The stock market can be a complex field to manipulate if you want to make any money off of your investment. That’s why many individuals choose to invest in dividend growth stocks instead traditional varieties. The concept is simple; buy now, then hold to receive the payout.
Traditional growth investments require you to cross your fingers and hope that their value increases based on a company’s profits or growth. Dividends, the best ones, focus on payouts above all else as they deposit cash into your bank account regularly. Choose the right company, and your payout becomes larger every year.
Choosing the right dividends is essential to creating a steady income and diversifying your portfolio. This article will cover the basics of dividend investing for beginners, then dive into our favorite options on the market.
Understanding the Dividend
Dividend growth stocks break down into two categories; the yield and the payout ratio. Understanding the two is very simple. If you already have a diversified portfolio of dividends, feel free to skip to the next section.
The dividend yield is how much a company pays per stock. If you purchased a share of stock for $50 and they paid you an annual dividend of $2, then the yield would be 4%. All you have to do is divide the annual dividend by the current stock price to find this number.
The payout ratio is the total amount paid to shareholders relative to the net income of the company, or the percentage of their earnings they pay back to their investors. Looking at these two numbers can tell you how much you stand to earn each year as well as whether or not the company is worth investing in.
Jumping back to the hypothetical $50 share, let’s say the yield increases in a few years to 6%. That would mean you now earn $3 instead of $2 on each share owned. Owning just 25 shares of that one company means you’re making a steady $75 every year.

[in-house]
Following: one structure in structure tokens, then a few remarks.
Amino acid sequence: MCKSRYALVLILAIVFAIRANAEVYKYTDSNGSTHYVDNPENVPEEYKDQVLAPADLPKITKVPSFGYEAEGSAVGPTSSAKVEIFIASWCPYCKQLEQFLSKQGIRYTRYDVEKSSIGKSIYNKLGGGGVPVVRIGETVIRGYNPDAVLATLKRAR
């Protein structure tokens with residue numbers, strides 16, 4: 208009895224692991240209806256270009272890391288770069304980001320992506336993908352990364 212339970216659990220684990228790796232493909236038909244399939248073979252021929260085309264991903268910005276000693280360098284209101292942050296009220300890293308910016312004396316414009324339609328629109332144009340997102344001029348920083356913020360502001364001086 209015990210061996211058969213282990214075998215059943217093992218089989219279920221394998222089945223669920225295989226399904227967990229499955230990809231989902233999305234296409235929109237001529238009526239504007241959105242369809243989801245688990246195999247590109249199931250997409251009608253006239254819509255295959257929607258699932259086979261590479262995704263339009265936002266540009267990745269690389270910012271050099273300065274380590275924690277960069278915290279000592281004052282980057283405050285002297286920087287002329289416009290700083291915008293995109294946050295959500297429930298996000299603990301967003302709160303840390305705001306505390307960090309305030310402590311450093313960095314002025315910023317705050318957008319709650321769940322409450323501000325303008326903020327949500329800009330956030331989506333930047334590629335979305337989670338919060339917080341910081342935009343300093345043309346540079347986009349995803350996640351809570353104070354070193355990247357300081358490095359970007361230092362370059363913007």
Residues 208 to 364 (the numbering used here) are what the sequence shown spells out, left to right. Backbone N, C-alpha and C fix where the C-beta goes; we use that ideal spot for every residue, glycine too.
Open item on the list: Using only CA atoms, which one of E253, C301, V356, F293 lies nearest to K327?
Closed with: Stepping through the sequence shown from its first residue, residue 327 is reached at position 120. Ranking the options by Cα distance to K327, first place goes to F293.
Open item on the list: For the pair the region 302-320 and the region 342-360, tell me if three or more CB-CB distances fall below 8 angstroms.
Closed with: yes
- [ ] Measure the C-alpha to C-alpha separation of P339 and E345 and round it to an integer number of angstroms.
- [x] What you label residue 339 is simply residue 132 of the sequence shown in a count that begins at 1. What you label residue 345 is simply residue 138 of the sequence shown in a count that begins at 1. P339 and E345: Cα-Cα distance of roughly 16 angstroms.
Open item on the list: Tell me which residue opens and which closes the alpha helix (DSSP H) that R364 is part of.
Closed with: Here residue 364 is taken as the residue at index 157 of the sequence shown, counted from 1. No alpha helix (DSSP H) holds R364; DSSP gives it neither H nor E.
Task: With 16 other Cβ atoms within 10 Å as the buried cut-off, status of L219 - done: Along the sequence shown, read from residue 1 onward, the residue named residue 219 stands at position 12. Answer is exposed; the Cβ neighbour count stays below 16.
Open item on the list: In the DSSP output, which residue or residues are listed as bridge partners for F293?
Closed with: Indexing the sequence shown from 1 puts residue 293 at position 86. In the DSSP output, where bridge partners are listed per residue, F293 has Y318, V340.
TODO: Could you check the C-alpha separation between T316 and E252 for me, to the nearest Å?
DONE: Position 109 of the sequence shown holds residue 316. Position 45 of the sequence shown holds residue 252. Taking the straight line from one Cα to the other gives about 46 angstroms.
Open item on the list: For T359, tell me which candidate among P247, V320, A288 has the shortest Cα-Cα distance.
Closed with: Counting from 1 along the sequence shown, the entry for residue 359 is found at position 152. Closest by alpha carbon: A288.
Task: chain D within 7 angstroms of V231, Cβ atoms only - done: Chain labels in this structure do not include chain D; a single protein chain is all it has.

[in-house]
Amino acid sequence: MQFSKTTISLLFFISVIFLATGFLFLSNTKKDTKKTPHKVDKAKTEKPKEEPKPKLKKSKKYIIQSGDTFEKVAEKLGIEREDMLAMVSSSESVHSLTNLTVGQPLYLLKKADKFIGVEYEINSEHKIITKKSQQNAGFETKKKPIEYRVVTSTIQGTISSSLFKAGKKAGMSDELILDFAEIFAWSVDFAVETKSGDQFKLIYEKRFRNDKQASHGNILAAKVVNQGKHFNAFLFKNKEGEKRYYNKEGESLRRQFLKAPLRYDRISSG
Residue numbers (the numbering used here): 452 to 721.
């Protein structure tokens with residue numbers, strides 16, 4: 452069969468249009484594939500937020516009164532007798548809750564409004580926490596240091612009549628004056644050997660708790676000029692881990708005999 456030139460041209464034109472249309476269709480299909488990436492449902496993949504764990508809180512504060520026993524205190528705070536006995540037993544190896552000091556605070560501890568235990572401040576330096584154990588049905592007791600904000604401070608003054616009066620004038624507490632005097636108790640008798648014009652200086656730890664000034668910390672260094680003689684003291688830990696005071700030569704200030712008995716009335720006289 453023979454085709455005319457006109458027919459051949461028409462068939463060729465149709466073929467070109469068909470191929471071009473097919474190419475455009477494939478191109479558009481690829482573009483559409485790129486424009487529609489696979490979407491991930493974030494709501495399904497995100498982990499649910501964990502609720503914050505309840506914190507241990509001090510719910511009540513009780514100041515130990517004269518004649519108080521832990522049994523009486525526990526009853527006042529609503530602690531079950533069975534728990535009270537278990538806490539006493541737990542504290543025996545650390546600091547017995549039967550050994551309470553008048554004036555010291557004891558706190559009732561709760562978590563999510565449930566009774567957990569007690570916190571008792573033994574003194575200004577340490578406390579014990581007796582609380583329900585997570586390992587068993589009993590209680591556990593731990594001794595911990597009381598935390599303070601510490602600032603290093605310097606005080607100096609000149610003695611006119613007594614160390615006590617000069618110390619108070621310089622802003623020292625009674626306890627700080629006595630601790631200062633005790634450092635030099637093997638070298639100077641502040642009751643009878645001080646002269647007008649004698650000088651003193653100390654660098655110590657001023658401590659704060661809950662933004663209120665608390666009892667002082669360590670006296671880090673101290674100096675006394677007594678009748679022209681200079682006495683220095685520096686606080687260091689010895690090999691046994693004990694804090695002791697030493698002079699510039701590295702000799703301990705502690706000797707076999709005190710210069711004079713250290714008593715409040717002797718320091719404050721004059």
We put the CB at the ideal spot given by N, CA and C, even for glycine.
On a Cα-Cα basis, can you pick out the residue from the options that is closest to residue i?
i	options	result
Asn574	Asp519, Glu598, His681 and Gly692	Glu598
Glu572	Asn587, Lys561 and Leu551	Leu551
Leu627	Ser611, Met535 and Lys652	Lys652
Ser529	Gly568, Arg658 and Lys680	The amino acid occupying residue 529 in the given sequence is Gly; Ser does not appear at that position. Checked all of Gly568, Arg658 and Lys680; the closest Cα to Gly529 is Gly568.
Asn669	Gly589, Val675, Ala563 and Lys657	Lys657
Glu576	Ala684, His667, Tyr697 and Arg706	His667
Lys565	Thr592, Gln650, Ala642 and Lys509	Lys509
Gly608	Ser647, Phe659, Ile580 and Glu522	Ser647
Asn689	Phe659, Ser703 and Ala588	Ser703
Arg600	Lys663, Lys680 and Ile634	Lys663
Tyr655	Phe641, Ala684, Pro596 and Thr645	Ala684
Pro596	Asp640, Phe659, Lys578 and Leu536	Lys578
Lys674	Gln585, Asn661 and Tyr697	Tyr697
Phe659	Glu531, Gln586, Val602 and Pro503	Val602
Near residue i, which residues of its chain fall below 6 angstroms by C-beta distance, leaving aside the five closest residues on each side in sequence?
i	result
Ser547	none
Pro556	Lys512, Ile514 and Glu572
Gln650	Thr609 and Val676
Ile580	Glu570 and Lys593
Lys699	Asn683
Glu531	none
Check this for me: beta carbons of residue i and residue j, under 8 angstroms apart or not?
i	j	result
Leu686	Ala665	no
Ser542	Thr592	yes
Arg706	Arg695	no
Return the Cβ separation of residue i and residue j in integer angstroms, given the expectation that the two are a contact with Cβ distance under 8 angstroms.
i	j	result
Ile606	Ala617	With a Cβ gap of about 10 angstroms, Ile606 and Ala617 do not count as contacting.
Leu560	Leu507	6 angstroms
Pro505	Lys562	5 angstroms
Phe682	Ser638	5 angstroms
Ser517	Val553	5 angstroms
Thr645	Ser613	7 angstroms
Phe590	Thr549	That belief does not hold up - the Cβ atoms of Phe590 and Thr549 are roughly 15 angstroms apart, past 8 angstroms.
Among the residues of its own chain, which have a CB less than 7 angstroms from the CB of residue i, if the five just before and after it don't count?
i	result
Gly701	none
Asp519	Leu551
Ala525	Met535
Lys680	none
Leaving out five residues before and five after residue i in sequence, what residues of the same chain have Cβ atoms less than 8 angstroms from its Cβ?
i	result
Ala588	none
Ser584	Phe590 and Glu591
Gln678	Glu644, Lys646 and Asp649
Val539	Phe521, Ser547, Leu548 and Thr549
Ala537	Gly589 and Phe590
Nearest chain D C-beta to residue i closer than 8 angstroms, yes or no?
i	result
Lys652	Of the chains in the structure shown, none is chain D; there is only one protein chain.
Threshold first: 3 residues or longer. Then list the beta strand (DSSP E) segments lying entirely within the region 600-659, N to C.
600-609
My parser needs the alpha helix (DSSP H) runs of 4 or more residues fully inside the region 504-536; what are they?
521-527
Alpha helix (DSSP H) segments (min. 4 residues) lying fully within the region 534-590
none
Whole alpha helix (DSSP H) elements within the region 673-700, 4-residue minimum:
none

You can imagine how owning multiple shares of several companies could help pad your retirement fund or savings account. That’s why so many individuals choose dividend growth stocks. They provide stable, steadily increasing returns while remaining less volatile than traditional stocks thanks to the well-established companies that offer them.
How We Chose Our Ratings
Unlike most products, stocks cannot accurately rely on customer reviews or testimonies. It never hurts to hear a friend’s success with a particular dividend, but there’s more to it than a recommendation.
We started by looking at the brand for this list. The company had to be around for a minimum of 10 years and show a healthy dividend growth percentage during that time. While nothing in the stock market is set in stone, this shows that the company is not only established but continues to increase its payouts to investors.
Coinciding with the brand, a company needed to show potential for continued growth and development. You won’t find anything stagnant or depreciating here. The company also needed to commit to larger dividends in the future.
Next, we looked at the current yield. In general, most companies offer anywhere between 0.5% and 3.5% to investors. This provides a current base for what you can earn while helping to estimate what increases might occur as time goes on.
For instance, CVS currently pays a 2.8% yield. Given their 10-year dividend growth of 733%, there’s a high possibility that your yearly earnings will increase over time. That is, of course, combined with the companies 1 million patients per year and steady ties to the healthcare industry.
Taking all of this data into consideration, we pulled out the top 10 performers and created our rating system. We hope our hard work shines through and that you start reaping the benefits of a diversified dividends portfolio.
Top 10 Best Dividend Growth Stocks
Here they are, our favorite dividend growth stocks. We’ve ordered them from the best of the best to the least of the best using a five-star rating system.
CVS Health Corp. (NYSE: CVS)
Many people view CVS Pharmacy as just another drug store filling prescriptions and selling convenience goods. That couldn’t be further from the truth, though. Outside of its 9,000 plus retail locations, CVS also operates over 1,000 walk-in healthcare clinics and services roughly 1 million patients in its pharmacies each year. They also offer the heavy profit-making Medicare Part D prescription drug plan.